Physiology, Biophysics & Systems Biology graduate program at WCGS is designed to engage students with research at the forefront of biomedical engineering sciences: physiology, the functions of cells, tissues, and organs; biophysics, the application of principles of physics to biological processes; and systems, the complex interactions between components of a biological system. The outlook of the education and research program is quantitative, based on state of the art approaches in genomics, bioinformatics and computational biology, major areas of molecular and cellular biophysics (including fluorescence microscopy and single molecule imaging, crystallography, electrophysiology and membrane systems, stem cells, and computational simulations of macromolecular systems), computational and systems neuroscience, organogenesis and development, learning, memory, and behavior. These approaches make it possible to integrate, in the research activities of the program's faculty, the findings from genetics, structural biology, and cell and molecular biology with principles and representations from mathematics, computer science and statistics, physics, and engineering.
Together, these offer unprecedented insights into systems and functions of physiological components (e.g., from the cell to the heart, and from the neuron to the nervous system). This new integrative perspective, termed integrative systems biology, complements and completes the study of structure and mechanisms of the body's building blocks from their embryonic development to their mature function, in both healthy and diseased states.
The PBSB faculty members are engaged in world-class research aimed at understanding the functional mechanisms in the human body in health and disease, and represent multidisciplinary research teams with appointments in various departments, including Physiology and Biophysics, Medicine, Biochemistry, Pharmacology, Radiology, Computational Biomedicine, Neuroscience, Genetics, and Cell and Developmental Biology.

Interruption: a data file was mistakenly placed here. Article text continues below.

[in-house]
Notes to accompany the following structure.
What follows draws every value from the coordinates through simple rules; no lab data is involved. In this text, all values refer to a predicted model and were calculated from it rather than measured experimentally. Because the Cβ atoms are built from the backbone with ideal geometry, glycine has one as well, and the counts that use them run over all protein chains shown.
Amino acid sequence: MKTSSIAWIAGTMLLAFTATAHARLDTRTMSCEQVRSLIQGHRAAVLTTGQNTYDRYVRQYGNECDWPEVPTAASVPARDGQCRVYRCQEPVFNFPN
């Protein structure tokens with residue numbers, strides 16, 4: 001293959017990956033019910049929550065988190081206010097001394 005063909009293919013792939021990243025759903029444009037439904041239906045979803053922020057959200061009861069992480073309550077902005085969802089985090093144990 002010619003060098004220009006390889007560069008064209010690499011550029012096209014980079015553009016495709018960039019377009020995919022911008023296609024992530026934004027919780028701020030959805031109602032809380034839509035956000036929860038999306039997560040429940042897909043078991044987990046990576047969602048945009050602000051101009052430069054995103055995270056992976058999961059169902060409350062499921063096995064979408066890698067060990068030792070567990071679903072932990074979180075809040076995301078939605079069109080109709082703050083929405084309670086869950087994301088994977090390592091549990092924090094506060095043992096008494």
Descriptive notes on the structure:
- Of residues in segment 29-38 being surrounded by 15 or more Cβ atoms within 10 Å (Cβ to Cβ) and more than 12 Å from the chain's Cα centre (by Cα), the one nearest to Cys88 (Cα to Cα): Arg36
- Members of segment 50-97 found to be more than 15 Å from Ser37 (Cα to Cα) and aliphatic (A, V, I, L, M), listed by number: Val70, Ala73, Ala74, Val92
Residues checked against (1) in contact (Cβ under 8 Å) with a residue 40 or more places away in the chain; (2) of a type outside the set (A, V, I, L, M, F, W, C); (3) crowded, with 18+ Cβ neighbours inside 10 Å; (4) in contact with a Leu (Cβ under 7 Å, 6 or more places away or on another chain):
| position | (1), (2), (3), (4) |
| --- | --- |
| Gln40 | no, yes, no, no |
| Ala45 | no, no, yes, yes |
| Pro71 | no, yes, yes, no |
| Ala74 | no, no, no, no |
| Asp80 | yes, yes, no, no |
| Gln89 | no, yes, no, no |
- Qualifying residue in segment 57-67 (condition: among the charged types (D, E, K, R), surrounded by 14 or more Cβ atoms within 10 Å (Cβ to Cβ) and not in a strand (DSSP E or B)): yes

Graduate students in PBSB participate in the design and evolution of these approaches and in their innovative application to state-of-the-art research in human structure and function. The course of study in the PBSB program is organized into modular courses and seminars offering education at the conceptual level, as well as in the experimental and computational tools of the component disciplines (physiology, biophysics and systems biology), and emphasizes quantitative methods and approaches. PBSB faculty pride themselves in a very distinguished and successful track record of mentoring graduate students and preparing them for a variety of scientific careers in science.
Additional information is available at the PBSB graduate program website.
Applicants should have a strong undergraduate background and record of achievement in the biological sciences, including biochemistry, molecular genetics and microbiology, along with undergraduate laboratory research experience. Strong backgrounds in chemistry, physics or computer science are also encouraged.